• What do you think of her conversations with angels “every day”?
  • How historically accurate do you think some of these events are from the life of Mary?
  • While I don’t expect Mormons to have very much of an issue with Mary’s lineage, what do you make of the dispute about her ancestry (Judah or Levi)?
  • What do you make of the emphasis in this gospel of her chastity?  Do you see any “original sin” overtones (“heats of lust”)?
  • Do you think Mary’s role and miraculous experiences are under-emphasized (undervalued) in the biblical gospels?
  • Do you think it would have been nice if this gospel had been included in the biblical canon?

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5 Responses to Gospel of the Birth of Mary

  1. Jon Miranda on November 29, 2010 at 6:08 AM

    Mary had to come from somewhere good. Can you imagine being chosen to bear Christ?

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  2. Badger on November 29, 2010 at 9:13 PM

    It sounds very Catholic to me. I had not known that some of these ideas about Mary were so well articulated that early.

    Is there any reason to believe it is historically accurate at all? My “favorite” from that period is the Infancy Gospel of Thomas, from which we learn such plain but un-precious untruths as the story of the boy Jesus cursing another boy to death for bumping into him. These stories about Mary are certainly a cut above that!

    I think the Immaculate Conception might be regarded as a miracle associated with Mary’s birth, although it is of a rather different kind.

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  3. Mormon Heretic on November 30, 2010 at 8:11 AM

    Yes, I agree it sounds very Catholic. I have no idea if there are any grains of history in here, but I love the stories. i’ll be discussing some infancy gospels soon and there is a story of Jesus killing a teacher because the teacher wanted Jesus to recite the alphabet.

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  4. FireTag on November 30, 2010 at 2:23 PM

    I appreciate this, although I don’t think the stories reflect more than the later views of an ascetic age that the physical body was sinful, alien to the Spirit, and therefore Holy persons should be as far from sex — even in marriage — as possible. Even Joseph.

    (However, breastfeeding until the age of three was perfectly normal. Go figure cultural differences.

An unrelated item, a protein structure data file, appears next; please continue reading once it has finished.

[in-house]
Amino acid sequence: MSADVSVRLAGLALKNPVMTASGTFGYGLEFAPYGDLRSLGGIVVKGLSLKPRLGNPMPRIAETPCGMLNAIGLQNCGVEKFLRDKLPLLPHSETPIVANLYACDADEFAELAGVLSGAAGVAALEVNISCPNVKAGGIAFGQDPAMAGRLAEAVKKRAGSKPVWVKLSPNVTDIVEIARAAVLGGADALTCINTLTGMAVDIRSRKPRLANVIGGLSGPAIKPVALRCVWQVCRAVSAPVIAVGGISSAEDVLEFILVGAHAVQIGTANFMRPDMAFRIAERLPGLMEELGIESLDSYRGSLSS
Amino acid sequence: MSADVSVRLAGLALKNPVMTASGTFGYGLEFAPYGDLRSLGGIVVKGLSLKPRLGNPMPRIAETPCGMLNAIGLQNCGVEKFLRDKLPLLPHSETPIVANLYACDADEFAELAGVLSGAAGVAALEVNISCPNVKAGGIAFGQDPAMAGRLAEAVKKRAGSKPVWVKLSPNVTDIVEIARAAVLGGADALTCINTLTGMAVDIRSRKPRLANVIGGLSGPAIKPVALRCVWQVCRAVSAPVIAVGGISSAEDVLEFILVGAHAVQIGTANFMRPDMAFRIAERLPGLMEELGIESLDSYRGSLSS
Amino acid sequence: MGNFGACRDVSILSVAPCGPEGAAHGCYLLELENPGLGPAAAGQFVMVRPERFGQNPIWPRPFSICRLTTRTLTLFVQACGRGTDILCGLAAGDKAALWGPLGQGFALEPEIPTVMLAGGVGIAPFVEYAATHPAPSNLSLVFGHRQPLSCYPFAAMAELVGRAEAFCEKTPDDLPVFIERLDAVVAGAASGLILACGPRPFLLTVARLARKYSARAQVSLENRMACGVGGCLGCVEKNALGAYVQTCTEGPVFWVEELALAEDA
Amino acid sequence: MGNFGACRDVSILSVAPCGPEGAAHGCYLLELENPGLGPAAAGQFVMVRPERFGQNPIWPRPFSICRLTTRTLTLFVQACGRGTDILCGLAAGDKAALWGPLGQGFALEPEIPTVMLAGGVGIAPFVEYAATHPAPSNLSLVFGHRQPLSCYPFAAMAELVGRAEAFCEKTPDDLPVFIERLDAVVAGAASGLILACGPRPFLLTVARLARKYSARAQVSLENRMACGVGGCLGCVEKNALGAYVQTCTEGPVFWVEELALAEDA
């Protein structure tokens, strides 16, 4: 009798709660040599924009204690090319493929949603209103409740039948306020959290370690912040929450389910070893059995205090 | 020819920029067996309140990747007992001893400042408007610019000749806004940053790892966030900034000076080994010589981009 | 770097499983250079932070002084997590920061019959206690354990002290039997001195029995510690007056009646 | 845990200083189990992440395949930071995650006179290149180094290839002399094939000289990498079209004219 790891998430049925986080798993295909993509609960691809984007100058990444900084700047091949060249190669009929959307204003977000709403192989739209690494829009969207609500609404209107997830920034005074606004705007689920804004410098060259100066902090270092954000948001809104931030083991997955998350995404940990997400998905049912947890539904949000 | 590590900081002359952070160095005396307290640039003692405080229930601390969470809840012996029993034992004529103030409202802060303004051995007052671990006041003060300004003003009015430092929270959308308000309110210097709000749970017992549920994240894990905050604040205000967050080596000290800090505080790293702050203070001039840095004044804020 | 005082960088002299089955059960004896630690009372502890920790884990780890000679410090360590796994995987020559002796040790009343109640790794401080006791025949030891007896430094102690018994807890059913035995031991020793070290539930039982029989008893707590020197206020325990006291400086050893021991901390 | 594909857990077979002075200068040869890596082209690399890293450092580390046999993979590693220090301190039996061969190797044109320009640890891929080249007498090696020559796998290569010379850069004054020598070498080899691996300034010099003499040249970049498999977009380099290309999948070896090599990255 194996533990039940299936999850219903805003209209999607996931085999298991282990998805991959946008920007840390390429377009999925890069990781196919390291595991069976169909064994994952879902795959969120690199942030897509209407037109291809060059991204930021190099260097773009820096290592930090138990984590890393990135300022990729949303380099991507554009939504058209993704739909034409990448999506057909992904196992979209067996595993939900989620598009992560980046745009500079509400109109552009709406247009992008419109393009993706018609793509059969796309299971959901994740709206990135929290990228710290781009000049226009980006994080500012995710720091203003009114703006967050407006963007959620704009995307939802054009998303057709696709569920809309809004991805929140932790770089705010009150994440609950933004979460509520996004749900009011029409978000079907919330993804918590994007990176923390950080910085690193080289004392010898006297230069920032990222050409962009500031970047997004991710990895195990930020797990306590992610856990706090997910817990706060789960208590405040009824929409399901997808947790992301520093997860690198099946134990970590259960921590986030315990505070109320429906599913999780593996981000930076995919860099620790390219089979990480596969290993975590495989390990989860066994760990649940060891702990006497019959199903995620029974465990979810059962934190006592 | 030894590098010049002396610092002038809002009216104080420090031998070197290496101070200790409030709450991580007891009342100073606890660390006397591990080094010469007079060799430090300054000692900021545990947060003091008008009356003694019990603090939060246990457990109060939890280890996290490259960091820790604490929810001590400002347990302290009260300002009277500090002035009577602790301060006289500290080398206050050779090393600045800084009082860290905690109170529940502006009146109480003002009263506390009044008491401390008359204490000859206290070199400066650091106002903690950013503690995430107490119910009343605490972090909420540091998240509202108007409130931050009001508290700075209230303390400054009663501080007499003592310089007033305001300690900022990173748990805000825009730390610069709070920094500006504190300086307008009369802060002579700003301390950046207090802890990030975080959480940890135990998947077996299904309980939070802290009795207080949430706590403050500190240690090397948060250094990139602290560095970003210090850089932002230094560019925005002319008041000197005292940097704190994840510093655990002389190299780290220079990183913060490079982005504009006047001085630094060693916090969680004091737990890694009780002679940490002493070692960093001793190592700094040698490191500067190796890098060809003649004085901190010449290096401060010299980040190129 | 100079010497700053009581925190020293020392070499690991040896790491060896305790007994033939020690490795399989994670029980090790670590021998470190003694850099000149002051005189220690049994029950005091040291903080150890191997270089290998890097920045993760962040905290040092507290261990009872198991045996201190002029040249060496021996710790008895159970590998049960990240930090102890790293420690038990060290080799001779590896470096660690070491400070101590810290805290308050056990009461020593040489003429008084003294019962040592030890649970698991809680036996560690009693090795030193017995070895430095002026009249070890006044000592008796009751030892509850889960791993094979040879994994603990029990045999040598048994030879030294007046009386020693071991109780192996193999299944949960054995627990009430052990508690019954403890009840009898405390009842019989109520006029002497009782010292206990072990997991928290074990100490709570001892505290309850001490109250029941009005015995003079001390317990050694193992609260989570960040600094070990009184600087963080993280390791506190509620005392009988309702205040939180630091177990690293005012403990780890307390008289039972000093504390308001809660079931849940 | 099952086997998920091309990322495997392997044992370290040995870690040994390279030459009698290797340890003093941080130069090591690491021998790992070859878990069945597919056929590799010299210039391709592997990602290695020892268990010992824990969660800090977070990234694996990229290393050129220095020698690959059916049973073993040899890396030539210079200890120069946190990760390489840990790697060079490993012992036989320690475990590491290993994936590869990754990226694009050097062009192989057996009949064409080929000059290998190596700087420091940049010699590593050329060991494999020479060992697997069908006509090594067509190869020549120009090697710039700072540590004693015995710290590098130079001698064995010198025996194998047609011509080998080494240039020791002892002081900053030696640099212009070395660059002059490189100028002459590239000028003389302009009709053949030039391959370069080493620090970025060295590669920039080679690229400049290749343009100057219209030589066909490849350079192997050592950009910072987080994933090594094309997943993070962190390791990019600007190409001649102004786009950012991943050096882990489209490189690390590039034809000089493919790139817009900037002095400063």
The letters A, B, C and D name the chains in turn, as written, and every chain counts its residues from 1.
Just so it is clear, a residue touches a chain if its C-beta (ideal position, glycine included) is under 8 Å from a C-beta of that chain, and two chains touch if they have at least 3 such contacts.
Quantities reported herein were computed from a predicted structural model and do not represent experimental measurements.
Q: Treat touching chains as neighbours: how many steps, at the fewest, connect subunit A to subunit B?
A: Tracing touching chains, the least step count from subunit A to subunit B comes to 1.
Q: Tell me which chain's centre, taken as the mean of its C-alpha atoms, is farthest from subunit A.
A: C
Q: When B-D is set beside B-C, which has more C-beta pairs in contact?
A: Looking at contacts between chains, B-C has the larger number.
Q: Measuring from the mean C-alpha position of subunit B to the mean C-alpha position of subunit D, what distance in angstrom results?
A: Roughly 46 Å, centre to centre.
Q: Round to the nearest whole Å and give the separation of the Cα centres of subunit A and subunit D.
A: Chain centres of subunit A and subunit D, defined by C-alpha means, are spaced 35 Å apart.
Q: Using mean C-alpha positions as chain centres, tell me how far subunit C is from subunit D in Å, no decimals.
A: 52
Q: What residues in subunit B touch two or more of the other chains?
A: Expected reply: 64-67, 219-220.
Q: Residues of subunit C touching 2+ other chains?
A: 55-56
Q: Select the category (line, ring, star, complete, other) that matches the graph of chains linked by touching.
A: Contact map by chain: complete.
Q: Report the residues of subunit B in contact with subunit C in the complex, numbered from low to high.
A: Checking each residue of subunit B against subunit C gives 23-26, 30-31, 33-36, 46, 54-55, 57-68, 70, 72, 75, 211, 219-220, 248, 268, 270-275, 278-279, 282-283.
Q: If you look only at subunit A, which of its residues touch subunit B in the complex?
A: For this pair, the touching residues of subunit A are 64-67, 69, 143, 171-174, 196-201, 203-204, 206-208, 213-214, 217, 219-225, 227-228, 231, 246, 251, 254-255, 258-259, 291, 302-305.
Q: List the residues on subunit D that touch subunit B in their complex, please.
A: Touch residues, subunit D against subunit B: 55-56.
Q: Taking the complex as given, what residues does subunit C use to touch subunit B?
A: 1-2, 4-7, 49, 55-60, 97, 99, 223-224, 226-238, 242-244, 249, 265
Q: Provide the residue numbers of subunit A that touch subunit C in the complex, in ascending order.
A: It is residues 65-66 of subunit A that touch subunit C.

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  5. Badger on November 30, 2010 at 9:00 PM

    [I]’ll be discussing some infancy gospels soon

    Good. Rereading your post I can see you at least implied this, but I missed it the first time through. I look forward to the discussion.

    I haven’t seen the entire text, but there is obviously some similarity between Mary’s birth, and John the Baptist’s. Fear not, Zacharias: for thy prayer is heard; and thy wife Elisabeth shall bear thee a son, and thou shalt call his name John.

    Something else that this brought to mind is the Tannhäuser legend, which has both a blooming staff (no dove, though), and a similar emphasis on the idea of impurity of sensual love. At least in Wagner’s version, Tannhäuser frees himself from the Venusberg by invoking the name of Mary. The theme has certainly proven durable. At the time this Gospel was written, Venus was not the antiquity she is today. I wonder how much Mary was thought of as “the anti-Venus” at that time.

    Choosing a husband by means of a “rod contest” has a pretty obvious and un-solemn sexual implication, one that seems incongruous given the overt message. It’s a little hard for me to imagine what, if anything, to make of it. Is there an allegorical comparison between the carnality of the pool of potential husbands and Mary’s virginity? After all, Joseph was the one who “failed to perform” in the contest, which is consistent with the description of the ensuing marriage. If so, there is a contrast between the extraordinarily exalted view of Mary’s female virginity, and the implicit equation of Joseph’s male abstinence with impotence. It won’t be the last time the world hears that message, either.